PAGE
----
The fear problem is the harder problem to solve. Crime television sells big. And unfortunately, it increases the perception that crime is getting worse, even though the overall trend of crime has been on a downward trajectory for decades. There was a spike in violent crime in the mid 1980s but crime levels have decreased since then. Unfortunately, that story doesn’t get good ratings.

Fixing desperation

One thing is generally true, however. Desperate people are more likely to commit crimes than people who have their basic needs met. And someone who makes $22,000 a year or less has a hard time meeting their basic needs. At $22,000 a year, you can’t afford to spend more than $600 a month on housing. If you can get a loan the numbers work, but not if you rent there. Based on the property values, $780 would be average.

The usual answer is to get an education, work hard, and better yourself. But the St. Louis Public School District was unaccredited from 2007 to 2017. That means any adult under the age of 31 in the area today received a subpar education for at least part of their educational career.

Community college is another frequently cited answer, but that’s a bit of a chicken and egg problem. If you’re making $22,000 a year and struggling to pay rent, it’s hard to come up with the $3,500 a year it costs to go to school. It’s also hard to work 39 hours a week, attend classes for 15 hours a week, and still spend the 30 hours a week studying that it takes to really get the most out of that education. I know it’s possible because I did it, for one semester. My work and academic performance would have suffered if I’d done it much longer than that.

Joining the military is another frequently cited easy cure. And many do exercise that option. The military is disproportionately made up of minorities, at 36 percent. But that’s not an option if you have any significant health issues.

There’s no one single thing that fixes the problem. A combination of raising the minimum wage, funding primary and secondary education, and lowering the cost of higher education is necessary. And these are high on the list of things the white upper class doesn’t want to do. Because unlike forcing people into the armed forces or simply saying minorities don’t work hard enough, those solutions might cost us non-minorities something.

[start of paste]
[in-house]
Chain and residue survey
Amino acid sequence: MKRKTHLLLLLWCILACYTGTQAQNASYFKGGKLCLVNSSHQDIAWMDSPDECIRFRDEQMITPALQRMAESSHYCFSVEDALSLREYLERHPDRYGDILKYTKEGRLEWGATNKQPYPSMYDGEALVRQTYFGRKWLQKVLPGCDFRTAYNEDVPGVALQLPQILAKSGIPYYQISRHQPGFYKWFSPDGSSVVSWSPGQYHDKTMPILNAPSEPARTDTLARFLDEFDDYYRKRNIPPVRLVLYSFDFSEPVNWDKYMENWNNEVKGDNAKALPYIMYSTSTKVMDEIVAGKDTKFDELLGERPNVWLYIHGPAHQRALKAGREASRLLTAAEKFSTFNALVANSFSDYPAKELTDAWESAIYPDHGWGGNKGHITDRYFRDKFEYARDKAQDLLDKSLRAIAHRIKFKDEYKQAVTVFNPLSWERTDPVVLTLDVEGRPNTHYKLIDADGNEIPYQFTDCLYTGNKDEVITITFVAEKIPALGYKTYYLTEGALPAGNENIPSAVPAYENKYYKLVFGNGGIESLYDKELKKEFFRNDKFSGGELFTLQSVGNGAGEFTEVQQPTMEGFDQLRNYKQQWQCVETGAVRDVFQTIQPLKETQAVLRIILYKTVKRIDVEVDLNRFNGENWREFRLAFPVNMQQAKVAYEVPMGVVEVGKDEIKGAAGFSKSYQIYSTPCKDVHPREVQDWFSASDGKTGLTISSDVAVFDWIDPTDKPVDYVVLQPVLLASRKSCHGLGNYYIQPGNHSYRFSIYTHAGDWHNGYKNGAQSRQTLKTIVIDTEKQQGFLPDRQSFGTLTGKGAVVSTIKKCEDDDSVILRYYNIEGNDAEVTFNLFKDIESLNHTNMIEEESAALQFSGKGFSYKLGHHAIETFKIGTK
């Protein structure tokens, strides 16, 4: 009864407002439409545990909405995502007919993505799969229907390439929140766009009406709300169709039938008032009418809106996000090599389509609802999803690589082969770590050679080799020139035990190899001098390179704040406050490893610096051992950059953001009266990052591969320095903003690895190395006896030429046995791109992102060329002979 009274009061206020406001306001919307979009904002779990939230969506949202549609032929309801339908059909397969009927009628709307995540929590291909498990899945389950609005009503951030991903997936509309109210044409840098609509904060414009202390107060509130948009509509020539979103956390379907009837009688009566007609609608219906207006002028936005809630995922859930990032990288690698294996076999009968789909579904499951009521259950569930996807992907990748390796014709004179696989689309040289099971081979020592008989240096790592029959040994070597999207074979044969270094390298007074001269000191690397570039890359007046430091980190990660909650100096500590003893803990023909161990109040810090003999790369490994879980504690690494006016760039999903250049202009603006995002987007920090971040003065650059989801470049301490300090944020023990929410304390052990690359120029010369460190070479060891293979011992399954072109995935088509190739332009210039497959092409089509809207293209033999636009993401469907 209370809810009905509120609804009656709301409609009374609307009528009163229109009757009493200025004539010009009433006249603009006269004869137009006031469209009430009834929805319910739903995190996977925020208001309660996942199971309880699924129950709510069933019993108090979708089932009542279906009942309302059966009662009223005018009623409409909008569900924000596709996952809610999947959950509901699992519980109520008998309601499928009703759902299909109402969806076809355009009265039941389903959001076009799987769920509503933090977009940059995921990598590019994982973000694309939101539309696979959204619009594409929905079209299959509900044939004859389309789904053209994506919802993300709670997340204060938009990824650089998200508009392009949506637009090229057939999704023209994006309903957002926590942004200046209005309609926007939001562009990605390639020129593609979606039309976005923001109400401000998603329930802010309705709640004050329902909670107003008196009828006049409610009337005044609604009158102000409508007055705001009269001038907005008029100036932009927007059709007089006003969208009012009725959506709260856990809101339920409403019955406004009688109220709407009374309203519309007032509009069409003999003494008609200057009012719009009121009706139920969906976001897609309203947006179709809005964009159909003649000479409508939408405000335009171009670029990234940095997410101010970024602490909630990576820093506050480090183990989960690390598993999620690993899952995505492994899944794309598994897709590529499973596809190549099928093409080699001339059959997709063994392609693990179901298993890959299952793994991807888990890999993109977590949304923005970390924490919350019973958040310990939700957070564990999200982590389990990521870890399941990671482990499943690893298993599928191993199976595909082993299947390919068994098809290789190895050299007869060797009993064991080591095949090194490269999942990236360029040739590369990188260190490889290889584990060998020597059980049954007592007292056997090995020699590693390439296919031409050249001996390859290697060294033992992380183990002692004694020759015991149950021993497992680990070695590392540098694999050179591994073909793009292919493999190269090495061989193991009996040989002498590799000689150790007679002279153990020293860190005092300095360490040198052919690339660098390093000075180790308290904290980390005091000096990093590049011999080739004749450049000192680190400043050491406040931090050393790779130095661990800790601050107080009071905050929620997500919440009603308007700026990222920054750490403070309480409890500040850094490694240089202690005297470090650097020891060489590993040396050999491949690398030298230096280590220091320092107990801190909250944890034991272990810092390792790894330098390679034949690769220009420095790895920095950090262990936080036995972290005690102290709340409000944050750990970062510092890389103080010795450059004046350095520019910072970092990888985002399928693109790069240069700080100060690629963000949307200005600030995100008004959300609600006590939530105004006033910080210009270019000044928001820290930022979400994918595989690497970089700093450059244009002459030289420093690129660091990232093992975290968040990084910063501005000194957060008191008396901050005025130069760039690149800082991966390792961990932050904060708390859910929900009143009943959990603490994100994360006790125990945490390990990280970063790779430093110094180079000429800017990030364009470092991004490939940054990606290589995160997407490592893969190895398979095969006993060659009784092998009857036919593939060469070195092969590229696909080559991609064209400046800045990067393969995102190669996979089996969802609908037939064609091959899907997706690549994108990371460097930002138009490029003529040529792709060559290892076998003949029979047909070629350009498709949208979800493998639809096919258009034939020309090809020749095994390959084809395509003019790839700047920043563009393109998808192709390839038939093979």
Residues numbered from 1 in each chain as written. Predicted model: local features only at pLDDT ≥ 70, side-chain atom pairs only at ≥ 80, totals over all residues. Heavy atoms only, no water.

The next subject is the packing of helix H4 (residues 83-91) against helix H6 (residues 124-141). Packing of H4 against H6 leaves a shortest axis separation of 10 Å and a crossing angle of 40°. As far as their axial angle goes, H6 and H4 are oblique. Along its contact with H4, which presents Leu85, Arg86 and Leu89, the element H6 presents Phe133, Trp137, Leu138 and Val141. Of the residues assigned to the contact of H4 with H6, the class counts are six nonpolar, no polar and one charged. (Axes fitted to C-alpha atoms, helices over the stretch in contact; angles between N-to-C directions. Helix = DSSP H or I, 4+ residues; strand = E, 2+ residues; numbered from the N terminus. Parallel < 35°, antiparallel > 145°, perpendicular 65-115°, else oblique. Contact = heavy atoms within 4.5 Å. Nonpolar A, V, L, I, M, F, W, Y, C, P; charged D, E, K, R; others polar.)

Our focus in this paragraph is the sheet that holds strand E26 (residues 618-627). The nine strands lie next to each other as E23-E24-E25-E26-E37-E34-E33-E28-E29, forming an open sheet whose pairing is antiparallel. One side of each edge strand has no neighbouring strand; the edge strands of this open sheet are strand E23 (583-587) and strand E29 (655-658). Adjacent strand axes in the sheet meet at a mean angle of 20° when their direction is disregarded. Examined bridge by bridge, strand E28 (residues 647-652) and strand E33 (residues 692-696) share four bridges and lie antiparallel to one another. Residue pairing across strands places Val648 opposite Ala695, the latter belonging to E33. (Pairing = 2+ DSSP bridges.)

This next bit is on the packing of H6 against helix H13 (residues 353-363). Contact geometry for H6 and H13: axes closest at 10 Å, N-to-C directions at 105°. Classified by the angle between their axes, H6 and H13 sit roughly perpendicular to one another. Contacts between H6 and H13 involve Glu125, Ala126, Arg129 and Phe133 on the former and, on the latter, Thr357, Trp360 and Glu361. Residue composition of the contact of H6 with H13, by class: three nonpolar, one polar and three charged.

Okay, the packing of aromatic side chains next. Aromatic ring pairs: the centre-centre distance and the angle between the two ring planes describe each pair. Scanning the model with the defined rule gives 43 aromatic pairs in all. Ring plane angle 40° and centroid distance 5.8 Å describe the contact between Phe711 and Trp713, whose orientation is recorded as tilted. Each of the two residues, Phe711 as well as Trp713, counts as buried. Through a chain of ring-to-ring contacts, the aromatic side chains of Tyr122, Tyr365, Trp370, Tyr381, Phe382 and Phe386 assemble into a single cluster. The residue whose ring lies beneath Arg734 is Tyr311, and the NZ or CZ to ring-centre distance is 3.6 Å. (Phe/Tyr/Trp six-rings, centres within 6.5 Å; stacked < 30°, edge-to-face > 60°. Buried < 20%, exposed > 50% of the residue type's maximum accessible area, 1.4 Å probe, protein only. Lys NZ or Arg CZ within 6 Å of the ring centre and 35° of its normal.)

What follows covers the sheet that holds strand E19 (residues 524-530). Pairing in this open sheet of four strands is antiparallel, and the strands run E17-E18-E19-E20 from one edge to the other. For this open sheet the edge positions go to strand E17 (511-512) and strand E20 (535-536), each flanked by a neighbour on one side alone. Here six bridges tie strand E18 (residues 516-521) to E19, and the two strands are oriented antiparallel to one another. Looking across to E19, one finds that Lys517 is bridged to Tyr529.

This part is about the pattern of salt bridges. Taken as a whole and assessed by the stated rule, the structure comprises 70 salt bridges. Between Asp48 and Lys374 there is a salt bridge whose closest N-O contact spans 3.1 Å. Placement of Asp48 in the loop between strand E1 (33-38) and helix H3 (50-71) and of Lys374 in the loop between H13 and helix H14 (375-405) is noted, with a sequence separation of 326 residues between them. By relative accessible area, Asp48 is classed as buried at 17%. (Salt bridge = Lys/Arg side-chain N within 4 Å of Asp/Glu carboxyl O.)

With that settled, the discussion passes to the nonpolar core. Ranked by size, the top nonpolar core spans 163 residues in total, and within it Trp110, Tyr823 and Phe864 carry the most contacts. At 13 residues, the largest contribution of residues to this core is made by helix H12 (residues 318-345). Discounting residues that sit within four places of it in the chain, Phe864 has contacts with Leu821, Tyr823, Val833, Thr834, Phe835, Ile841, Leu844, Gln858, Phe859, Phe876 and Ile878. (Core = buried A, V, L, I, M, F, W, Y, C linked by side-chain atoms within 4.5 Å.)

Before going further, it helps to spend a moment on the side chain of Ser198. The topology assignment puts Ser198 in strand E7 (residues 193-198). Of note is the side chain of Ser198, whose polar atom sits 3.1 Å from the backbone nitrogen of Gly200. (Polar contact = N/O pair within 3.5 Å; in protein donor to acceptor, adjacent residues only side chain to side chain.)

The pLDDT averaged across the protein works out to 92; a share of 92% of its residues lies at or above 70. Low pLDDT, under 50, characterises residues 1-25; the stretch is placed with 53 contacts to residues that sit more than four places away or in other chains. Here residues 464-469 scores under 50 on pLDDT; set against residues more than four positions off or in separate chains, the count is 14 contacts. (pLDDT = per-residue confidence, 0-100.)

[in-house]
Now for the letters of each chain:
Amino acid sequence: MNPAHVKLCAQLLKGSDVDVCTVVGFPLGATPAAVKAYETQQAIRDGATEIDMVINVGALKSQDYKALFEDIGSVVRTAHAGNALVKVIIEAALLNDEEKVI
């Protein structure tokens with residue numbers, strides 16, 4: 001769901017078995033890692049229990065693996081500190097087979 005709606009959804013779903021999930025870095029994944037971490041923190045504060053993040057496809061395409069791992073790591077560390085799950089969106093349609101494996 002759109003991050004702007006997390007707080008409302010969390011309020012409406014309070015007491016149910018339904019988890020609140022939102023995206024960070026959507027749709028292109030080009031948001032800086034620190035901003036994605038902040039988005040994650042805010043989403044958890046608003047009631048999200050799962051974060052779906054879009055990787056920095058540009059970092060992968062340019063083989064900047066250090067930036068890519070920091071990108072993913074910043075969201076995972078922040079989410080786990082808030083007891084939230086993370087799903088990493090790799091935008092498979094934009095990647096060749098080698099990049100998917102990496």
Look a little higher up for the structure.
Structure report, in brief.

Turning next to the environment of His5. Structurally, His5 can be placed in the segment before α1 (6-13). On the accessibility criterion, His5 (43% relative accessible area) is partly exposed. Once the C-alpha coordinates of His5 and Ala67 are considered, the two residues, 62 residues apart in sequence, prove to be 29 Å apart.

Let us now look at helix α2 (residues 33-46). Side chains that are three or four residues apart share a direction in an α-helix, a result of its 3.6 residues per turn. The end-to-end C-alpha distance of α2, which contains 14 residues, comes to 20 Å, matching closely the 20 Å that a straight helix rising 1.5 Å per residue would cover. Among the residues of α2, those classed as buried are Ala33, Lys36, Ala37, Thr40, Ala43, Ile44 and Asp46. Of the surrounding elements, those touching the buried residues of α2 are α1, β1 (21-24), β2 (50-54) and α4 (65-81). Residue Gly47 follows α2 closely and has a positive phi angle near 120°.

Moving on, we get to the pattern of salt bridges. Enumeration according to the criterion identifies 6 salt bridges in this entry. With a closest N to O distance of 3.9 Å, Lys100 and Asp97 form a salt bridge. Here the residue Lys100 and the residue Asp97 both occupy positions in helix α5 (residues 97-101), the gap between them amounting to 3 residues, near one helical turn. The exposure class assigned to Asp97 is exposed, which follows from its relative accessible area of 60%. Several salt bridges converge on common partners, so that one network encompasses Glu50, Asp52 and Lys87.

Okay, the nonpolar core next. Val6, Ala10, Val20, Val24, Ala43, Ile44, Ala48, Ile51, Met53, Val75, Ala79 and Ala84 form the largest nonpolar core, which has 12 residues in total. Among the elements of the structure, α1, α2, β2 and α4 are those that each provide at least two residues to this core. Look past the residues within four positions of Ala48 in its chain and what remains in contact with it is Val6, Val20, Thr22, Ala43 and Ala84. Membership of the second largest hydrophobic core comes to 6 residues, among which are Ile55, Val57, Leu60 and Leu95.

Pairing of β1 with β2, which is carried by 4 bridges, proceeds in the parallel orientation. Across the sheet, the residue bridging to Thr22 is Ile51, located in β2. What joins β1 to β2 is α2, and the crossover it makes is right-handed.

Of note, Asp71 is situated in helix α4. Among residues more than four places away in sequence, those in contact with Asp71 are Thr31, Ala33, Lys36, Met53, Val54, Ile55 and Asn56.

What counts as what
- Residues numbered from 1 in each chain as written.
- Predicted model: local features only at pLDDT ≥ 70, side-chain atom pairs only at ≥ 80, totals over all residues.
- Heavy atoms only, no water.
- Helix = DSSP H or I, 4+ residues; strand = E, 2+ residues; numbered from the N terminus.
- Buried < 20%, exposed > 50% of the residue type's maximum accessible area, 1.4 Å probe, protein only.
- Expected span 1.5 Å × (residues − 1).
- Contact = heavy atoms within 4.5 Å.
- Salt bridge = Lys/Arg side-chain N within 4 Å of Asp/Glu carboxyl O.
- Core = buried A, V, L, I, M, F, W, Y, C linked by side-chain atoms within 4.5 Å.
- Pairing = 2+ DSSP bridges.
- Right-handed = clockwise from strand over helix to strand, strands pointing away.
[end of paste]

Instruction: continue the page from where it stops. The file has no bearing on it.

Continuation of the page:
I’ve traced poor African American families through St. Louis for the past 100 years, and the pattern I see is that providing bare-minimum education just results in generation after generation making minimum wage and bouncing from poor neighborhood to poor neighborhood.

Accepting responsibility

Any answer must include the white middle- and upper-class accepting that we’re getting out of the system what we put into it. The wealthy St. Louis suburb of Ladue spends $65 million a year on its school district. Ladue’s population is 8,635. St. Louis spends $300 million on its school district. Its population is 318,000. Ladue spends $7,527 per citizen per year on education while St. Louis spends $1,342. In 2018, St. Louis was spending $943.

Is it any wonder that Ladue gets better outcomes?

Missouri as a whole spends $100 a year more on instructing students than it does on incarcerating prisoners.

We have to be willing to test the theory that given the choice between a life of crime and a path into the middle class, the majority of African Americans will choose the path to the middle class, just like any other race would. We haven’t been providing a path to the middle class, and we’re not even willing to accept the reality that crime is decreasing in spite of ourselves.

The desire to keep property taxes and the price of tacos as low as possible has resulted in an environment that creates desperation and, thus, forces some people into crime. It’s by addressing the underlying issues, measuring the improvements, and repeating them that we can get rid of the things we don’t like, namely, poverty and crime. If we approach it like an engineering problem, it’s not hard to solve.

The result will be higher property values and lower crime if nothing else, and both of those are good things.

As a computer security engineer, I can tell you that when you don’t maintain an IT system, entropy sets in and the system degrades over time. You can get away with it for a while, but eventually it catches up with you. When you do maintain it, the system works well and you catch small problems and correct them before they become big problems. St. Louis north of Delmar is like a computer system that’s been unmaintained for decades. Fixing it is going to take more than simple ideas that fit in 15-second sound bites and don’t cost anything.

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1 thought on “The Delmar Divide in St. Louis”

  1. The usual answer is to get an education, work hard, and better yourself. But the St. Louis Public School District was unaccredited from 2007 to 2017. That means any adult under the age of 31 in the area today received a subpar education for at least part of their educational career.

    Having a very thick gap line between best universities and colleges in the world and unaccredited schools does not help the middle class with their kids education at all.